Pet Sounds, a classic Beach Boys album, was released 57 years ago today
Brian Wilson at a recording session for Pet Sounds
Pet Sounds, a classic Beach Boys album, was released 57 years ago today.
Pet Sounds was is the 11th studio album by the band and met with a lukewarm critical and commercial response in the United States, peaking at #10 in the Billboard 200, a significantly lower placement than the band's preceding albums.
In the United Kingdom, the album was hailed by its music press and was an immediate commercial success, peaking at #2 in the UK Top 40 Albums Chart and remaining among the top ten positions for six months. The record garnered worldwide acclaim from critics and musicians alike, and is widely considered to be one of the most influential albums in music history.
The album was produced and arranged by Brian Wilson, who also wrote and composed almost all of its music. Most of the recording sessions were conducted between January and April, 1966, a year after he had quit touring with the Beach Boys in order to focus more attention on writing and recording.
Its musical direction ignited tensions within the group. Due to the album's personal, artistic nature, Pet Sounds is sometimes considered a Brian Wilson solo album, repeating the themes and ideas he had introduced with The Beach Boys Today! one year earlier.
The album's lead single, "Caroline, No,” was issued as Wilson's official solo debut. It was followed by two singles credited to the group: "Wouldn't It Be Nice" (backed with "God Only Knows") and "Sloop John B". Collaborating with lyricist Tony Asher, Wilson's symphonic arrangements wove elaborate layers of vocal harmonies, coupled with sound effects and unusual instruments such as bicycle bells, buzzing organs, harpsichords, flutes, Electro-Theremin, trains, Hawaiian-sounding string instruments, Coca-Cola cans and barking dogs, along with the more usual keyboards and guitars.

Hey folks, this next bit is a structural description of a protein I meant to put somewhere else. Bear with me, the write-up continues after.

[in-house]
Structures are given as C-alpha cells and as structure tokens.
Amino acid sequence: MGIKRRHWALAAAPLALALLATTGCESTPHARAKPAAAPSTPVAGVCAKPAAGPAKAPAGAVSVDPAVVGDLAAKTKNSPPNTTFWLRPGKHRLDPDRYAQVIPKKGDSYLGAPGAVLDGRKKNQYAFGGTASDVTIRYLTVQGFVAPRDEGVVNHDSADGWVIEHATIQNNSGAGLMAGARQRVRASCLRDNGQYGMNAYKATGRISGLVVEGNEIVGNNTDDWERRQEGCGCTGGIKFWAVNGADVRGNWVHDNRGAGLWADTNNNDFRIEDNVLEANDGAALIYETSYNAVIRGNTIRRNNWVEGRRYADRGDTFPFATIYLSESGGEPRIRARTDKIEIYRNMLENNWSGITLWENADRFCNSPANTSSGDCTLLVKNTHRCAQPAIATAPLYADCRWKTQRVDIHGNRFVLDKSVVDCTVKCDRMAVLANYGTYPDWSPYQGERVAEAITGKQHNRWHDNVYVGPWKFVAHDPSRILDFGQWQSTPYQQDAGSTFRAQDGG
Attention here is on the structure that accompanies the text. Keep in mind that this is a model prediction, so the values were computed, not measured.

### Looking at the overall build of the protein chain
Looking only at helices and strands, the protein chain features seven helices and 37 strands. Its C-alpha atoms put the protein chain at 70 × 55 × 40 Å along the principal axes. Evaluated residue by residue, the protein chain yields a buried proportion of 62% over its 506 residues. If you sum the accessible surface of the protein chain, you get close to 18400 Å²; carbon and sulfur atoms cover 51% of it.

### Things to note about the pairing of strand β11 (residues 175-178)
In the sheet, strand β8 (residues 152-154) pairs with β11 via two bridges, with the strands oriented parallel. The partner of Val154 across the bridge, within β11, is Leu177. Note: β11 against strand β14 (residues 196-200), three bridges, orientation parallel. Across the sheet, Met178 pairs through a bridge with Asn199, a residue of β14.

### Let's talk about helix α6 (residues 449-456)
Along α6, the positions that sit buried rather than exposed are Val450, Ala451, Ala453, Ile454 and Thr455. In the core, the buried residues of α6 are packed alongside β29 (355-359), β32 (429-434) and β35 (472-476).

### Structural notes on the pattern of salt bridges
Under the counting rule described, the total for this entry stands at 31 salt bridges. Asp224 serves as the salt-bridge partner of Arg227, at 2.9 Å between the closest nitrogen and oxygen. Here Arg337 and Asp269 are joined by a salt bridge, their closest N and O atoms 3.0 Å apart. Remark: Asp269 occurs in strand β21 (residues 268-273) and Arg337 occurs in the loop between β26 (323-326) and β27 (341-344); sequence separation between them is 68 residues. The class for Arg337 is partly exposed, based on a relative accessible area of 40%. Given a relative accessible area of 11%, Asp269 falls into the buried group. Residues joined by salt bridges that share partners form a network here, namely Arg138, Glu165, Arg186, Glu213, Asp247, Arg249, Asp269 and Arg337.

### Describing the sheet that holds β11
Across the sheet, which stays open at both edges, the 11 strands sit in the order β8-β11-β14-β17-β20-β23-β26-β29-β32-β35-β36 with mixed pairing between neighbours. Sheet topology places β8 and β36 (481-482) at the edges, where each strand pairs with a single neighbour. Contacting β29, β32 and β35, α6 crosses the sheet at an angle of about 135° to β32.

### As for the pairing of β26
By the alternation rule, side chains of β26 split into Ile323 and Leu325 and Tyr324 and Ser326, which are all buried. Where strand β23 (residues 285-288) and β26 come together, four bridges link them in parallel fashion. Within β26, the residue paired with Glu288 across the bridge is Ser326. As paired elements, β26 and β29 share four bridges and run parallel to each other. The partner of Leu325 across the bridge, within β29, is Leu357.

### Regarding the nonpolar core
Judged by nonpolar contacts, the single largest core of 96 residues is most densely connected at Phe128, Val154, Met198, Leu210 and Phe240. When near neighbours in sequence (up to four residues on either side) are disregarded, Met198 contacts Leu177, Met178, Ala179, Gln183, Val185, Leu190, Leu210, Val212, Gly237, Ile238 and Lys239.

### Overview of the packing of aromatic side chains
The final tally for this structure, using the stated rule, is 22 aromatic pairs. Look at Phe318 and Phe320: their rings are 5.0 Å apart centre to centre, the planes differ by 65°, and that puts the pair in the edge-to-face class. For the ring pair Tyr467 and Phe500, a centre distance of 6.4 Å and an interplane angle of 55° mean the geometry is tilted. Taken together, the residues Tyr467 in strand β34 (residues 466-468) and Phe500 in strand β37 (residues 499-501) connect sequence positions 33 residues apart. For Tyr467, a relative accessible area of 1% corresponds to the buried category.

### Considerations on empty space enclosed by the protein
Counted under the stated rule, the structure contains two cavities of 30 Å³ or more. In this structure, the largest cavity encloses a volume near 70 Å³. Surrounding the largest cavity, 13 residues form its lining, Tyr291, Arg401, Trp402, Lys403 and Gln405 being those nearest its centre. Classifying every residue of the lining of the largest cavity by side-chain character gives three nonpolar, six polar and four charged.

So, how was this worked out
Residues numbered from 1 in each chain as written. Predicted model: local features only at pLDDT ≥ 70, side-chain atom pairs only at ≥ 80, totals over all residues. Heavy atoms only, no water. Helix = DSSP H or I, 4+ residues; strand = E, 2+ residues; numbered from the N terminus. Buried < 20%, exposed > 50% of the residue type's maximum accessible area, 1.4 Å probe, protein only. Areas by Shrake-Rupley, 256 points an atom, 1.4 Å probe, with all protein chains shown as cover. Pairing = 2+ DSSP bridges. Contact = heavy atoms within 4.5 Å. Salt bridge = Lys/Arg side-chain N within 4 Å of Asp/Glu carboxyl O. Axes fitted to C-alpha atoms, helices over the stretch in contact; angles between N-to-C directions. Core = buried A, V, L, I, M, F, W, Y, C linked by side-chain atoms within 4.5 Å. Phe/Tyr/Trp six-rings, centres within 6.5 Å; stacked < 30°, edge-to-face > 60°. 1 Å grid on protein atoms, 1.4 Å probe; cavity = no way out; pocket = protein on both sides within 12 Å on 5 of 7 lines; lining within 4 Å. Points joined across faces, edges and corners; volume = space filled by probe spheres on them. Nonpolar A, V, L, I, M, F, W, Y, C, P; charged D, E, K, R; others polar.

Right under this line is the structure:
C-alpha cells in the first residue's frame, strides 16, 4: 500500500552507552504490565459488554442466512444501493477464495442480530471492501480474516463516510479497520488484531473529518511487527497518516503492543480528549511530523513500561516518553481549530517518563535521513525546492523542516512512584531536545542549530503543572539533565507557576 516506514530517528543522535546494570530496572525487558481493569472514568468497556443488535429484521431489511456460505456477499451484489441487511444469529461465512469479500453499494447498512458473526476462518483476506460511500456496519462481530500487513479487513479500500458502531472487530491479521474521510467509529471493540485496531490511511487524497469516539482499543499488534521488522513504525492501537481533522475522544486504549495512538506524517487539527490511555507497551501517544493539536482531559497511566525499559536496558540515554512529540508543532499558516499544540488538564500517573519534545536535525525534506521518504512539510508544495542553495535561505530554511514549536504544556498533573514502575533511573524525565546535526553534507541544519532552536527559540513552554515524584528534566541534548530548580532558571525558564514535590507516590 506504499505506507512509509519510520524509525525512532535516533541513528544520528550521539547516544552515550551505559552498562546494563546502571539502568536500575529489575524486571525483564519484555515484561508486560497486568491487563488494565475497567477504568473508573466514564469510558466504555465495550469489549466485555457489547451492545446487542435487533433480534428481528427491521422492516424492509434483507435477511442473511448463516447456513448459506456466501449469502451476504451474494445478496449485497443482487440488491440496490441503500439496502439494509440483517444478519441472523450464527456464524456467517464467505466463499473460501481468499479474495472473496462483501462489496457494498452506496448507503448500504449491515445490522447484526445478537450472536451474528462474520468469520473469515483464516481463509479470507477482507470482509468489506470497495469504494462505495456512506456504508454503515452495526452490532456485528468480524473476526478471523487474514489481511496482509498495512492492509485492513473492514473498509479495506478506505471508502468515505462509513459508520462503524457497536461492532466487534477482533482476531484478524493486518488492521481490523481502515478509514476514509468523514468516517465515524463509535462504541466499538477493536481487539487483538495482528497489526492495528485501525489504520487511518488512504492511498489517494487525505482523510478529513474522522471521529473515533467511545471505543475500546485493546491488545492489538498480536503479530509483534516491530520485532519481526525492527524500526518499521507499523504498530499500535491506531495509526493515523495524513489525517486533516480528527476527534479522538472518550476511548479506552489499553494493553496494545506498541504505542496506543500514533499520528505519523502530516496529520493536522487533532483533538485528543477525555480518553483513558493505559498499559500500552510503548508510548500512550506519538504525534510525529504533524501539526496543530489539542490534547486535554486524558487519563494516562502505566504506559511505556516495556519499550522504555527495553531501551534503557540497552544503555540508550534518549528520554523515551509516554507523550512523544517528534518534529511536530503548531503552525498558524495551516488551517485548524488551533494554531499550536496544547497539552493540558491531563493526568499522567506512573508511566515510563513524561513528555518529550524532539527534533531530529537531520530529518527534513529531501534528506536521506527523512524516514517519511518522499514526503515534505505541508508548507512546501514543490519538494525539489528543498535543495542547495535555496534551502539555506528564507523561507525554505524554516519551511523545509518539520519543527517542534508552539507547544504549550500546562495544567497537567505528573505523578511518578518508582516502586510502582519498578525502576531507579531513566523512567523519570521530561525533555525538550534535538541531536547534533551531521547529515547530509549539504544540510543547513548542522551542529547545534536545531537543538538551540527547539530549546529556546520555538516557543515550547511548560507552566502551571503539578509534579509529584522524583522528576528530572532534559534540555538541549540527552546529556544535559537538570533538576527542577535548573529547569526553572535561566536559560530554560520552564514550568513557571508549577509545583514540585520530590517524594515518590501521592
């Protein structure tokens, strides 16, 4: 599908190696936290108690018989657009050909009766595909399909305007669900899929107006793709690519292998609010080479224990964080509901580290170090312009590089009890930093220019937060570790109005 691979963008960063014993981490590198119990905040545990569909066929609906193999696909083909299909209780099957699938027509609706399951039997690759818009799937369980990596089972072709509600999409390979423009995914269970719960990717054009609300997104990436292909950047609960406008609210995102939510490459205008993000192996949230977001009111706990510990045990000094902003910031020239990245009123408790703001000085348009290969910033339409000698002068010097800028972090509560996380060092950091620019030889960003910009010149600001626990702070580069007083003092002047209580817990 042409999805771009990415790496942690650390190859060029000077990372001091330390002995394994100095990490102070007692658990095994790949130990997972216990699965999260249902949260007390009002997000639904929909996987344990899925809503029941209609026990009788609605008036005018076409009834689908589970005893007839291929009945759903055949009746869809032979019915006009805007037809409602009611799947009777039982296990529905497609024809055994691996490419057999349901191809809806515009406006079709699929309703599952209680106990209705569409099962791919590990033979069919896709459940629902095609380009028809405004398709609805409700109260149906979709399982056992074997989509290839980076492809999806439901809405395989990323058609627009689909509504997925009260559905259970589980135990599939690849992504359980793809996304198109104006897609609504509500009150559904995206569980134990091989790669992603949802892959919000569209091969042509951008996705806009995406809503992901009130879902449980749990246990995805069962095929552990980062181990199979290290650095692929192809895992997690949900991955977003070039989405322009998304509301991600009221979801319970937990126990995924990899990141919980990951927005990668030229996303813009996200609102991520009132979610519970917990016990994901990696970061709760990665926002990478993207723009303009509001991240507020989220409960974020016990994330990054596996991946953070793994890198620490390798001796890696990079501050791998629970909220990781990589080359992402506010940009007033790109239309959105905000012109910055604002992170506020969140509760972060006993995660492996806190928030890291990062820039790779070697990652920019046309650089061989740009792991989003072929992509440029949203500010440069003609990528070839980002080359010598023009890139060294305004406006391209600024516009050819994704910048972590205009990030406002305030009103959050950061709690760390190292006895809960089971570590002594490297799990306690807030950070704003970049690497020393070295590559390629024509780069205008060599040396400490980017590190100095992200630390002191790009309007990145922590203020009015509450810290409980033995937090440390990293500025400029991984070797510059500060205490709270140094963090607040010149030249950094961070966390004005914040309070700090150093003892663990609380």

Unified by Wall of Sound-style production techniques, the album comprised Wilson's "pet sounds,” consisting mainly of introspective songs like "You Still Believe in Me", about faithfulness, "I Know There's an Answer,” a critique of LSD users, and "I Just Wasn't Made for These Times,” an autobiographical statement on social alienation (as well as the first use of a theremin-like instrument on a rock record).
Recording was completed on April 13, 1966 with an unprecedented total production cost that exceeded $70,000.
Pet Sounds is regarded by musicologists as an early concept album that advanced the field of music production through its introduction of non-standard harmonies and timbres, incorporating elements of pop, jazz, exotica, classical and the avant-garde. A heralding work of psychedelic rock, the album signaled an aesthetic trend within rock by transforming it from dance music into music that was made for listening to, elevating itself to the level of art rock.
In 2004, Pet Sounds was preserved in the National Recording Registry by the Library of Congress for being "culturally, historically or aesthetically significant."